An engaged – and very angry – electorateWritten by Scott McLeod
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The primary election is over now, but even before the vote tallies made winners and losers out of so many candidates, this election season seemed to be sweeping in a tide of activism in the mountains.
The truth of this struck home the night of April 22. I had just moderated a political forum in Swain County, which was a first for me. More importantly, it was the first time many in Swain remembered a political forum being held during the primary election.
The turnout from the public wasn’t as good as it could have been, but that’s to be expected. Most people are content to read about the issues in the papers or vote for friends or friends of friends, and go on about their business. I’ve had an opportunity to attend dozens of local forums over the years, and more often than not organizers end up disappointed with the attendance. At the Swain County Center for the Arts at Swain County High School, about 75 folks showed up.
But not everyone is content to sit at home and read about it. As former U.S. House Speaker Tip O’Neil is credited with saying, “All politics is local.” County commissioners are about as local as it gets, and their decisions affect our lives in everything from the quality of our schools to public safety.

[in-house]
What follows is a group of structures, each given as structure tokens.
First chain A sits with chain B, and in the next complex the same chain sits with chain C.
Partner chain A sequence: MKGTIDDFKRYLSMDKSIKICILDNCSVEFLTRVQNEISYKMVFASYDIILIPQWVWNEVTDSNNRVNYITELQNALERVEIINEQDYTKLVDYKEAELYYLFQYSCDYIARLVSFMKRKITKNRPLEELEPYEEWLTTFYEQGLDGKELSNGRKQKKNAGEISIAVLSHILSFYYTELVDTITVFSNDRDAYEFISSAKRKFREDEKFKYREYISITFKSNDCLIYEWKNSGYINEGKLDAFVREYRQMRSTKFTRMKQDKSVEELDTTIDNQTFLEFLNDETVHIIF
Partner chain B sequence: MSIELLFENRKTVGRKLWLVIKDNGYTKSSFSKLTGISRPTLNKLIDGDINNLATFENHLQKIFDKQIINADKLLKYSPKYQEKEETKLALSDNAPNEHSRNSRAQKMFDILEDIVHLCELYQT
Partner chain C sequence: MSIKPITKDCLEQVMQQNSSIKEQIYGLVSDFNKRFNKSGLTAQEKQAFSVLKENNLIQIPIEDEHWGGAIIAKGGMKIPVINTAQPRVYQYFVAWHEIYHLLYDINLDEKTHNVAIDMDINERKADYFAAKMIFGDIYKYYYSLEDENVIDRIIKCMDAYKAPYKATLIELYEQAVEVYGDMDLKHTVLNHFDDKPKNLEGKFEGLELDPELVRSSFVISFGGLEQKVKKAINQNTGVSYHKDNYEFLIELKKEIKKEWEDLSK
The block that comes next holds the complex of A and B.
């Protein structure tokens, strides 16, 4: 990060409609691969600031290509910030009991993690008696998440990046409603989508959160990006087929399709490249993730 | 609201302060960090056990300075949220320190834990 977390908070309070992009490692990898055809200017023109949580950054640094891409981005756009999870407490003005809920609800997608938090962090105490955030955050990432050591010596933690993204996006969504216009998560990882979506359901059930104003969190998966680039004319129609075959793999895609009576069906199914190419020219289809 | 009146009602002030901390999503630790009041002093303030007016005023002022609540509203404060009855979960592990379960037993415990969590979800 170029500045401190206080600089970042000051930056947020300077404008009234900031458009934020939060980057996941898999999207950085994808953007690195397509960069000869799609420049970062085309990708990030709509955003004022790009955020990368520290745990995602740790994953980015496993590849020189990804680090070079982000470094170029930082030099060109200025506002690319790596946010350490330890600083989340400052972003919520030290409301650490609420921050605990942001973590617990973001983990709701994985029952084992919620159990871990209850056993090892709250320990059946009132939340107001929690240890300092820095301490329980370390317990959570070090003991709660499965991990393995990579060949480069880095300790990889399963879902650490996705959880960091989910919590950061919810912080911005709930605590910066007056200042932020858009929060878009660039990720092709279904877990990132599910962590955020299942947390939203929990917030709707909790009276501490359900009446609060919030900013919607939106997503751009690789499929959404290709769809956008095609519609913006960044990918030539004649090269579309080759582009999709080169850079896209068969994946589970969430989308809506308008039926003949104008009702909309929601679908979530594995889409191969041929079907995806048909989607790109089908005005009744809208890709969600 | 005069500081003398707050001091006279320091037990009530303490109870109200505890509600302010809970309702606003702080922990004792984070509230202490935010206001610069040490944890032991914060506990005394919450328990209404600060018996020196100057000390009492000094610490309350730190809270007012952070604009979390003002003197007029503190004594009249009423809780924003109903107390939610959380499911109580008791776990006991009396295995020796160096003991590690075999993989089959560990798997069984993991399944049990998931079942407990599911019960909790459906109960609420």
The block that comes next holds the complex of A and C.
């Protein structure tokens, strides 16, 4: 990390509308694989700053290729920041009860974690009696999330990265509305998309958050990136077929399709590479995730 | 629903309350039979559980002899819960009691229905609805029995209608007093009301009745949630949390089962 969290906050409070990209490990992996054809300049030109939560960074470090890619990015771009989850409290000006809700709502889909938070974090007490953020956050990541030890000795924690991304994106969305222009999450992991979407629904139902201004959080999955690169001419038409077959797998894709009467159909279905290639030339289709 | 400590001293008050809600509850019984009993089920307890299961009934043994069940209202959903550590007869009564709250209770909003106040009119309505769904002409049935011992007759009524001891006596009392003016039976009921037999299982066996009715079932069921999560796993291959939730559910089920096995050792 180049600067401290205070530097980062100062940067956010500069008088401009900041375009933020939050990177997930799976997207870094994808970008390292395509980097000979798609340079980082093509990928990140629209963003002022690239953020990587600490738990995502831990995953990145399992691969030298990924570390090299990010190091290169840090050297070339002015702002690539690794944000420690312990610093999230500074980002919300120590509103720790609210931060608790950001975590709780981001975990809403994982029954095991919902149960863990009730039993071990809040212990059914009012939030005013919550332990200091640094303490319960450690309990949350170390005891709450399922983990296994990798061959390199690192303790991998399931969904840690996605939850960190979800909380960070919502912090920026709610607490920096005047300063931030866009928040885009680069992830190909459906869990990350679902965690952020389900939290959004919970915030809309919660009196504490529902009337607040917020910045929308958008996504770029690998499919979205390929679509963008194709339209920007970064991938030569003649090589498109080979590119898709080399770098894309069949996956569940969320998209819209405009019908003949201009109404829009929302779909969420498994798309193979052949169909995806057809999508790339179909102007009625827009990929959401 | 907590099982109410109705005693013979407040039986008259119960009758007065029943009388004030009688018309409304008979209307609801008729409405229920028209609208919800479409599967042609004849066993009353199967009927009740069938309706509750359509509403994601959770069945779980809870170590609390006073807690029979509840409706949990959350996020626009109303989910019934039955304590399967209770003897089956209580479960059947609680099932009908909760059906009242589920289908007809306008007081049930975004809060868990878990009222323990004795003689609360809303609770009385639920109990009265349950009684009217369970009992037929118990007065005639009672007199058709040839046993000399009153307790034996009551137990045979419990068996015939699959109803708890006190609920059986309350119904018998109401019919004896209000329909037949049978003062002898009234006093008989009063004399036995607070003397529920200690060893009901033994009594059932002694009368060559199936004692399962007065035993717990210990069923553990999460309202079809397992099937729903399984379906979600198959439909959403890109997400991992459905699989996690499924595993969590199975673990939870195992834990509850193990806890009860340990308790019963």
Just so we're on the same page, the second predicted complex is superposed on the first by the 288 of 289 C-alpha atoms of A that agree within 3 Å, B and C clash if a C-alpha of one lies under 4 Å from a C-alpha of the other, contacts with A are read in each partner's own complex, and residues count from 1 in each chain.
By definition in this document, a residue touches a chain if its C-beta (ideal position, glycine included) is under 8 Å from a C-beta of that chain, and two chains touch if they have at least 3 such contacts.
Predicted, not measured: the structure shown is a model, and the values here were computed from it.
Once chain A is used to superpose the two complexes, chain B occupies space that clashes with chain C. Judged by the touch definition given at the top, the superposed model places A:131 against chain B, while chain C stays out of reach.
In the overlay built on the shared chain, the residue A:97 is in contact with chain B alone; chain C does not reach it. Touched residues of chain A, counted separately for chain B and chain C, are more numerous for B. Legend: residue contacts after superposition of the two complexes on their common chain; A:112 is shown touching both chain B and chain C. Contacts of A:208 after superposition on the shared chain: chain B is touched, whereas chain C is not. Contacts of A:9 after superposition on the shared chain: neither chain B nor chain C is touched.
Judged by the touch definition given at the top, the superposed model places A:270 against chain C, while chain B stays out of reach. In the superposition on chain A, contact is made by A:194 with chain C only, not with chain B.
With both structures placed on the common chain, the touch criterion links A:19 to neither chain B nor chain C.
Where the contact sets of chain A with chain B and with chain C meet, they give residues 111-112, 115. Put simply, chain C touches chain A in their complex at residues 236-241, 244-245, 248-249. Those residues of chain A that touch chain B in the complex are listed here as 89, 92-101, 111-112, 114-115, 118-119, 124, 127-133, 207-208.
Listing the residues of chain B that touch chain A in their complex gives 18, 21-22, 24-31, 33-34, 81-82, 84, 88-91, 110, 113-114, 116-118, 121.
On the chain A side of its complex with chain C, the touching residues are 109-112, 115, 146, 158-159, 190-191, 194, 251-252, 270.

This truism manifested itself in two ways. One, the number of candidates running for county commission and sheriff in Swain County was, in a word, staggering. For the most part the candidates were well meaning people with a desire to give back to their communities. With 13 candidates running for commissioner and eight running for sheriff in Swain County, the election was somewhat of a free for all.
In Haywood County, a total of 11 candidates ran for three open seats on the county board. I can’t remember a time when so many local elections had so many viable candidates running for office.
The second point that hit home after the Swain forum was about the organizers. Neither Vicki Crews or Robin Hamilton are lifelong residents of Swain. Both moved here as adults, and neither come from a background of political activism. They simply wanted to get all the candidates together and allow the public — and themselves — the opportunity to gather some information prior to the May 4 primary.
Their goal wasn’t high-minded and it wasn’t devious. Instead, they were driven by a desire to make educated decisions at the ballot box. Plain, simple, and critical to the proper functioning of our system of government.
There’s a lot of anger about government right now, and polls show that Americans have as little trust in their political leader as at any time in our republic’s history. I think the reasons for that are two-fold: one, some particularly controversial issues, like health care and immigration, are fueling passions; and two, the digital age of media gives those who are mad and unhappy more power than ever. Any observer of government knows that anger is the best tool for galvanizing an audience.
But all’s not bad. The very fact that so many people are taking part in local politics, holding meetings, organizing forums and running for office provides ample evidence that the public is engaged, and that the pendulum is swinging. By November, perhaps, we’ll know which way.